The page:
1. The DV Option to the DC1000 adds a third CODEC to the system, so you do get real-time playback from the timeline out both the FireWire and the analog jacks!
2. The DC1000 uses 4:2:2 colorspace, so it will provide superior video quality with complex titling, animation and compositing.
3. With the DC1000 the MPEG2 bitrate is scalable. I found that at 16 megabits per second the DV output quality was as good as the original footage. By delivering outstanding video quality at lower datarates, you get more data per GB and rendering is faster.
The DC1000 gives you real-time output via analog and DV/FireWire. You get the same real-time effects as the DV500. Unfortunately the DC1000 is NT only, and the FREE FX 3D transitions are Win98 only, so you don't get FreeFX. A Win98 driver for DC1000 will hopefully be available by year end.
Matrox RT2000 $1199 (coming 1/15/2000)
The RT2000 marks Matrox entry into the prosumer video editing market. In the professional market the DigiSuite has won countless awards. Budget minded consumers have enjoyed using the Rainbow Runner and Marvel products as well. With the RT2000 Matrox has a serious card, suitable for event videography, corporate video work and much more. It is a hybrid card that supports both DV & analog video. Actually the RT2000 is a bundle of two cards; you get the RT2000 PCI card and a G400 AGP graphics card. The base hardware uses the same C-Cube MPEG2 chipsets found in the DV500. The special version of the G400 includes something called Matrox Flex 3D™ architecture. What this provides is real-time 3D effects like page turns and moving titles. So the RT2000 has significantly more real-time effects then the DV500.
The RT2000 has one heck of a bundle as well. The included G400 graphics card is one of the industries best. It has won numerous awards from leading gaming publications and it supports dual monitors. You can't use two monitors while editing, but you can for all other applications. You get Premiere RT for your NLE software and Ulead cool 3D for creating tiles and graphics, plus Sonic ACID for audio loops. You also get Sonic DVD it le for creating DVD-Video and DVD-ROM titles that play back on your set-top or PC-based player. Other cool utilities include Infinite Capture™ to overcome the 2 GB file size limit of Windows 98. The FireWire interface includes complete deck control for accurate frame clip logging and batch captures.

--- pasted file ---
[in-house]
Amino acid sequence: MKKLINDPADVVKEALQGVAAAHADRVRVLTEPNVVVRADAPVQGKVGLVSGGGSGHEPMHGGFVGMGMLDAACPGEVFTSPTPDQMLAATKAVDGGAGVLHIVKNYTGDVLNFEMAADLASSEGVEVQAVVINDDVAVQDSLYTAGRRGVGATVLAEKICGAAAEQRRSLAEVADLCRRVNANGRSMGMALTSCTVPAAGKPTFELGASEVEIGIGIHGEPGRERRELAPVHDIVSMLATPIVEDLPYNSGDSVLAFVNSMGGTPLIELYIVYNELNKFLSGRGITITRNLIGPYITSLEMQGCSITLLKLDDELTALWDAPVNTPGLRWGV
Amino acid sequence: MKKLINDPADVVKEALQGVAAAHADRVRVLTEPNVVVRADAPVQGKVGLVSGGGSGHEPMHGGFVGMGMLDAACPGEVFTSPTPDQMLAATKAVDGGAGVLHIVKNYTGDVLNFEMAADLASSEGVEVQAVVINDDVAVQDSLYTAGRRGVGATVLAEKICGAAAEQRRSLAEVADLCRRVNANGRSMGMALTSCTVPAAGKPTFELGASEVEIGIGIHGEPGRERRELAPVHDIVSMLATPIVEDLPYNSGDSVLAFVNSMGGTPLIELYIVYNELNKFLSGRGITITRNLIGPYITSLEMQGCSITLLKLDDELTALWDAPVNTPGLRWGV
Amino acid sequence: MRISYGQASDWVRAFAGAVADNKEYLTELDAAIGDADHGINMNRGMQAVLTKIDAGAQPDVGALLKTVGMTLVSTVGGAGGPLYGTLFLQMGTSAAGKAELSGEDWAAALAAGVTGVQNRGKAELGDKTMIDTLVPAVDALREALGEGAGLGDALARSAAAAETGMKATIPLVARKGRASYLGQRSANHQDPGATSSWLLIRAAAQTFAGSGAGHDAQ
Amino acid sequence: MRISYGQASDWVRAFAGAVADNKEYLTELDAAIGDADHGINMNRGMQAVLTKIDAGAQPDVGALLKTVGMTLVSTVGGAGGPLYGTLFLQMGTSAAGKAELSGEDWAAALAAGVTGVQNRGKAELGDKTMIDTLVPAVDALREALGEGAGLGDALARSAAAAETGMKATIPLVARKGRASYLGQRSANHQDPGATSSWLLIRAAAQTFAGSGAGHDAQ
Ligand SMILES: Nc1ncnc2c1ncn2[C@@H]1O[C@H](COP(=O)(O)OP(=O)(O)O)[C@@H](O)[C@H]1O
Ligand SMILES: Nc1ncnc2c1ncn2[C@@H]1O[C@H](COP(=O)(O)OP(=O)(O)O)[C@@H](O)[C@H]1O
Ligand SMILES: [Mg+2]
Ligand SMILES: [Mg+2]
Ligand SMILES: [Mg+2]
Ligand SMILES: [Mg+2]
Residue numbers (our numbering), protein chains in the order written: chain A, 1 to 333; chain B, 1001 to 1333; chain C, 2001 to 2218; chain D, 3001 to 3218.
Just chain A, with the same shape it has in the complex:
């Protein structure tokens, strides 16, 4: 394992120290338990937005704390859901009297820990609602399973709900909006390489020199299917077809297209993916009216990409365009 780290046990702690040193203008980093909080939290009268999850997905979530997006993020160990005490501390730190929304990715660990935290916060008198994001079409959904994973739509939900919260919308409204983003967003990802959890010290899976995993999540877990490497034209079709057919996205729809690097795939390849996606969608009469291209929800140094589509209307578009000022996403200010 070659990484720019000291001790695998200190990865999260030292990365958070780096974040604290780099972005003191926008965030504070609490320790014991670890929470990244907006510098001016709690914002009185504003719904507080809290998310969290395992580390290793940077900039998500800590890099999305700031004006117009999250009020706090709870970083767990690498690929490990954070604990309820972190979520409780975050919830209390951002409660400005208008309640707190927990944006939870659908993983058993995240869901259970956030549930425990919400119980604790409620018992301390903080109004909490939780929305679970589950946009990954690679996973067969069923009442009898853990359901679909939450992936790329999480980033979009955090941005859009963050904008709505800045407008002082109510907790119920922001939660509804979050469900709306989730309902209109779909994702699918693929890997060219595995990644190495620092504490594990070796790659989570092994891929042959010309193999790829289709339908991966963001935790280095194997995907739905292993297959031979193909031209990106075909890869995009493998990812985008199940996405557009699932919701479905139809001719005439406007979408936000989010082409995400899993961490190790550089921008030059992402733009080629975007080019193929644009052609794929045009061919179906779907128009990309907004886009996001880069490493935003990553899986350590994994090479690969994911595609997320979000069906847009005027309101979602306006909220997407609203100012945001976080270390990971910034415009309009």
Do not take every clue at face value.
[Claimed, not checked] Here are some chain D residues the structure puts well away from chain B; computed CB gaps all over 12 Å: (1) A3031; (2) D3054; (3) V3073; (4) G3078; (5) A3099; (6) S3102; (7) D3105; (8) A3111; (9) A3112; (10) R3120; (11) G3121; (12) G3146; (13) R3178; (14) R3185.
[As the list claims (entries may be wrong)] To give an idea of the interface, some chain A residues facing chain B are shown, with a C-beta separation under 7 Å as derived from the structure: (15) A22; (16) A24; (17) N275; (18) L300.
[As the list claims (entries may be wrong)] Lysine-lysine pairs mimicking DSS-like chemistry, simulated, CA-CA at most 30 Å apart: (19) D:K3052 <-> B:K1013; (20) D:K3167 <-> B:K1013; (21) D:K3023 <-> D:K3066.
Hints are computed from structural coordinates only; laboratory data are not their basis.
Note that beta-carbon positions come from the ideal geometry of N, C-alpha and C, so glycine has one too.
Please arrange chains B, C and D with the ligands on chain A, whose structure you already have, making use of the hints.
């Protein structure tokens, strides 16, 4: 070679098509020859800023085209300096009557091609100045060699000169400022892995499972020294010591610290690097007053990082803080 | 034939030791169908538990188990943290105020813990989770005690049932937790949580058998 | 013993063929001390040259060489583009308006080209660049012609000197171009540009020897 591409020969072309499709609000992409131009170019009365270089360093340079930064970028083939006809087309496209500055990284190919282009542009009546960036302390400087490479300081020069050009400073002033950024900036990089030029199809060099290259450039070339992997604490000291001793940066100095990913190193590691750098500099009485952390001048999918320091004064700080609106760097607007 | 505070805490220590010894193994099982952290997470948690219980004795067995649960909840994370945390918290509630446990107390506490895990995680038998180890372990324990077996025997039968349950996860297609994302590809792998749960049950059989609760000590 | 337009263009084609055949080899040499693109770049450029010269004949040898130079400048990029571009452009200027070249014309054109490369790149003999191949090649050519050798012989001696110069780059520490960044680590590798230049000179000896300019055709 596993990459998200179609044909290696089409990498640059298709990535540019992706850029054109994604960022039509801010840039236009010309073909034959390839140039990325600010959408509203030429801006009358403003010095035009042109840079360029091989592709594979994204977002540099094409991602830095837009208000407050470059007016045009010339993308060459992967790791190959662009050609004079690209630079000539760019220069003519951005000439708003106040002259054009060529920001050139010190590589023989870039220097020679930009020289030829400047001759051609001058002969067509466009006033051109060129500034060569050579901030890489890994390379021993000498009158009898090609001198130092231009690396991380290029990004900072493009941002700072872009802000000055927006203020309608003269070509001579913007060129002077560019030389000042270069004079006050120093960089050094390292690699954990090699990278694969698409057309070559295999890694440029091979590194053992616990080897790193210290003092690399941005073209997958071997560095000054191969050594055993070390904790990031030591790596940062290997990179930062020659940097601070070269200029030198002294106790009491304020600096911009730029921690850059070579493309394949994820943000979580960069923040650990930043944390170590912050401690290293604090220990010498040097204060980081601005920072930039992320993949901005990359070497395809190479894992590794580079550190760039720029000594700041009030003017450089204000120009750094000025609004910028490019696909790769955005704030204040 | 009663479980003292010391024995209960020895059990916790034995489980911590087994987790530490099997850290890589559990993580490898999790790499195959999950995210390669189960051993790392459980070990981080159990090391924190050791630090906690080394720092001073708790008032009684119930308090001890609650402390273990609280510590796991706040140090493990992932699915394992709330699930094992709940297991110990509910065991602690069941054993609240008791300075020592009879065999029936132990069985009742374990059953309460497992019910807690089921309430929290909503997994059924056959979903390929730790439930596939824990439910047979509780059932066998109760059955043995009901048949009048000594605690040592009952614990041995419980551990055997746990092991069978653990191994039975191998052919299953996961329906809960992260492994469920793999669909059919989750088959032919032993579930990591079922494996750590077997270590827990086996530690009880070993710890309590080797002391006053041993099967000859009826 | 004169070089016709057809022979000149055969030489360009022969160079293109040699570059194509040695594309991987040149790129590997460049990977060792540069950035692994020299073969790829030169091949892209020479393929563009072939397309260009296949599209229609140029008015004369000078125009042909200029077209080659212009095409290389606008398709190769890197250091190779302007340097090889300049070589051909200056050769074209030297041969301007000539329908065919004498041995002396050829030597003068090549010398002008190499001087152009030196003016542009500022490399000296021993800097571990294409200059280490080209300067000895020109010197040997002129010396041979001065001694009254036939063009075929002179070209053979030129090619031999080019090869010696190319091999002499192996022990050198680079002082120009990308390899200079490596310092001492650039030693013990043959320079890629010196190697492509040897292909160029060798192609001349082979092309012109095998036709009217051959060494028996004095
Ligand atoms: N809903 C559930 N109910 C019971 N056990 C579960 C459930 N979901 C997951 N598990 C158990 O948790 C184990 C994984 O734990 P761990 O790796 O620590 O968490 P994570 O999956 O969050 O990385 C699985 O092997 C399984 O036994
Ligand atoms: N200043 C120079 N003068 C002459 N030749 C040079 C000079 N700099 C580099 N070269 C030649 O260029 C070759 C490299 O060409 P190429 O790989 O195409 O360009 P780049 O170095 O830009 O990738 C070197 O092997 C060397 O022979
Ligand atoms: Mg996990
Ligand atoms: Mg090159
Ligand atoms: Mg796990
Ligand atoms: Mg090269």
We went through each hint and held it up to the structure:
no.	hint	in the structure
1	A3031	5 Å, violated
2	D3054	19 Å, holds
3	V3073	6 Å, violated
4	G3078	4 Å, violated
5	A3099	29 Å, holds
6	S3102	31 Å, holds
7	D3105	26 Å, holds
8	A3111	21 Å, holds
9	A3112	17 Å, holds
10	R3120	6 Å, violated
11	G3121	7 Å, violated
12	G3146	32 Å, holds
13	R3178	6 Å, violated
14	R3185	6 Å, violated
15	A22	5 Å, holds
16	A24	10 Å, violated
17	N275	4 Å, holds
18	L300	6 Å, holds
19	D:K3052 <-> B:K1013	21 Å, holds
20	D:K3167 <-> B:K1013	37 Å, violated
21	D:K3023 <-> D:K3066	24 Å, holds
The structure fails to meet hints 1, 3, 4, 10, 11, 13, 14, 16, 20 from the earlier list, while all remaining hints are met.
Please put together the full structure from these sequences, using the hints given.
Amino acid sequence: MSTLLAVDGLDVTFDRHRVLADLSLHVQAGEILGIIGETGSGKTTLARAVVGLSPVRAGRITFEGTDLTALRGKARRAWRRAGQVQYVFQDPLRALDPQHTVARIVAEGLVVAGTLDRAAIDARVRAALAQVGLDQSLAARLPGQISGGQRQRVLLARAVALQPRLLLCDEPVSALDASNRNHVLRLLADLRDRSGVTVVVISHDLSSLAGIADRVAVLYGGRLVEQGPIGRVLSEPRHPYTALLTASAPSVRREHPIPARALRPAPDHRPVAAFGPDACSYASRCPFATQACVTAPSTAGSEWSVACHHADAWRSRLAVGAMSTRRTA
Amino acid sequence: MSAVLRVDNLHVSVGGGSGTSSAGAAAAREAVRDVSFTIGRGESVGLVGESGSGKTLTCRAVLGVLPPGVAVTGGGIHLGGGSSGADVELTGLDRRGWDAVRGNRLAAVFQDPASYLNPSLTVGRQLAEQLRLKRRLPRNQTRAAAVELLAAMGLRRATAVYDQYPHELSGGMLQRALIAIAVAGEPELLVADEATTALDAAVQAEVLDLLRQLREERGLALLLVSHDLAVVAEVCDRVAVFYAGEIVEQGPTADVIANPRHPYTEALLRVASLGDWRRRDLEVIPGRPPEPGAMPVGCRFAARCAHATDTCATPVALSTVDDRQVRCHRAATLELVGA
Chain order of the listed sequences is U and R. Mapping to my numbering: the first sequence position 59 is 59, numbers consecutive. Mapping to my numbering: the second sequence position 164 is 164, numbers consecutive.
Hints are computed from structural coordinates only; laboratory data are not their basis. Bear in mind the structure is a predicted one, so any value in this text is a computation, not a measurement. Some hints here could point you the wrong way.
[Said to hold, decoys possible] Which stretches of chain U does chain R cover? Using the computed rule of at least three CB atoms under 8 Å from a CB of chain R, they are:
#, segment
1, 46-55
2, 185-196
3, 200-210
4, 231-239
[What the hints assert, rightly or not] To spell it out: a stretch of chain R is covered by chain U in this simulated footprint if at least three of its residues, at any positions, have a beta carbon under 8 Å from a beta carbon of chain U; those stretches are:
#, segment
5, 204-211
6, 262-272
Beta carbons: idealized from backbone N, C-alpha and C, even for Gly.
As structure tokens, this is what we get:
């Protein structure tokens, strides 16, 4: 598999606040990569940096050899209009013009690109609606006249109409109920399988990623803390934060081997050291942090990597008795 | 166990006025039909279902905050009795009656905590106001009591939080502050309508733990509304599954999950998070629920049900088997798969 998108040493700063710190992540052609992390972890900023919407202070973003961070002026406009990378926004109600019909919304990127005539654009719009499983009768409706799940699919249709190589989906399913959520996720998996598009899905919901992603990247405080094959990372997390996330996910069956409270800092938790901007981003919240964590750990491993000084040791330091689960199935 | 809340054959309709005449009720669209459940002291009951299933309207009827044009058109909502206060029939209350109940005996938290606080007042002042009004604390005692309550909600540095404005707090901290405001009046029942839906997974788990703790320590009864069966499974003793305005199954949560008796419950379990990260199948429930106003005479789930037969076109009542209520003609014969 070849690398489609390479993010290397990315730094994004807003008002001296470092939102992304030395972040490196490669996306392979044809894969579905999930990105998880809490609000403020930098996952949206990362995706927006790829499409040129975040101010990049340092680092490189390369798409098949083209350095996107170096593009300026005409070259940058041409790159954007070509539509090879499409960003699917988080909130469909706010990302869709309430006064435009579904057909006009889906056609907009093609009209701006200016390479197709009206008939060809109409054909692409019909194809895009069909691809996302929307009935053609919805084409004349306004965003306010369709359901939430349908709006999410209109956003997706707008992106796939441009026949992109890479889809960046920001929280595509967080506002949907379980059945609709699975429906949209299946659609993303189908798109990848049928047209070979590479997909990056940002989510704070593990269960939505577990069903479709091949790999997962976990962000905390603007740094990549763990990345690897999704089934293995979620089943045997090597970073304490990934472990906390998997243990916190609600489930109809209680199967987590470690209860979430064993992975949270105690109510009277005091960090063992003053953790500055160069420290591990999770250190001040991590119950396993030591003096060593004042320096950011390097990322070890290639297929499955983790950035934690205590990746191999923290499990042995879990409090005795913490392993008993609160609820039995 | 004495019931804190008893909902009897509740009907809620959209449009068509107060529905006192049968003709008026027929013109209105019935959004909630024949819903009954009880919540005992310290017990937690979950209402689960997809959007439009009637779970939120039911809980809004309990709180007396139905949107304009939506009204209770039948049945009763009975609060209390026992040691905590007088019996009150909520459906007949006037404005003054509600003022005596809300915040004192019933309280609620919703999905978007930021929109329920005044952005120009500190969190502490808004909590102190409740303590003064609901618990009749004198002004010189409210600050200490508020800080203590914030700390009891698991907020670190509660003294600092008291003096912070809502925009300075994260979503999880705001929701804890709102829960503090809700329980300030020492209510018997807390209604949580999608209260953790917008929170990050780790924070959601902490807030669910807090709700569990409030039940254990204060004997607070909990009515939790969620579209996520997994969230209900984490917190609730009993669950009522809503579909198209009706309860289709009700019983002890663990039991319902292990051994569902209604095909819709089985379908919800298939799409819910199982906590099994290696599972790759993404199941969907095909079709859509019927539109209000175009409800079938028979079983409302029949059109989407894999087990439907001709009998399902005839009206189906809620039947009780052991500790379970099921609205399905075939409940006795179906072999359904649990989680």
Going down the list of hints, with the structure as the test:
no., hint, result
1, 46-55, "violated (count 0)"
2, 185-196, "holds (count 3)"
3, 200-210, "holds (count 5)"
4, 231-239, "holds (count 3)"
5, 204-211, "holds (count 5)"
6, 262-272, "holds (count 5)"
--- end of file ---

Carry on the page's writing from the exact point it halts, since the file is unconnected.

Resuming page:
While I really love this card, it does not have real-time DV output. You do get real-time output via the analog jacks on the breakout box, but DV/FireWire output must be rendered. While Matrox has greatly accelerated rendering to DV, you still have to render if you want DV/FireWire output.
Digital Origin Edit DV 2.0 $699.95 (coming 12/20, FREE upgrade if you purchase 1.0 now)
This new version of Edit DV for windows makes Edit DV the most powerful NLE application for DV footage around. They've added complete DV device control for batch captures and unlike other DV cards on the market, the original DV time codes are used. 2.0 adds multi-threading and support for multiple processors. When this is combined with their already existing AVA optimization for the new Pentium III instruction set, it lets EditDV render super fast. Draft DV mode lets you work with lower resolution proxy files while you go about your editing. When you combine DraftDV with the pure speed of the AVA acceleration and multi-processor/multi-threading, you get a real-time editing environment. You don't output to DV in real-time, but you get all the other benefits of a real-time system. Best off all, every effect, title, transition, and filter is accelerated.
The other really cool thing about Edit DV2.0 is that it fully supports QuickTime 4 and QuickTime Effects. This means that you can now use popular third party plug-ins with EditDV. Another advantage of QuickTime is how easily it ports to streaming video. If you want to go from DV to the web, the combination of Edit DV, QuickTime and Terran Media Cleaner Pro is simply the best solution around.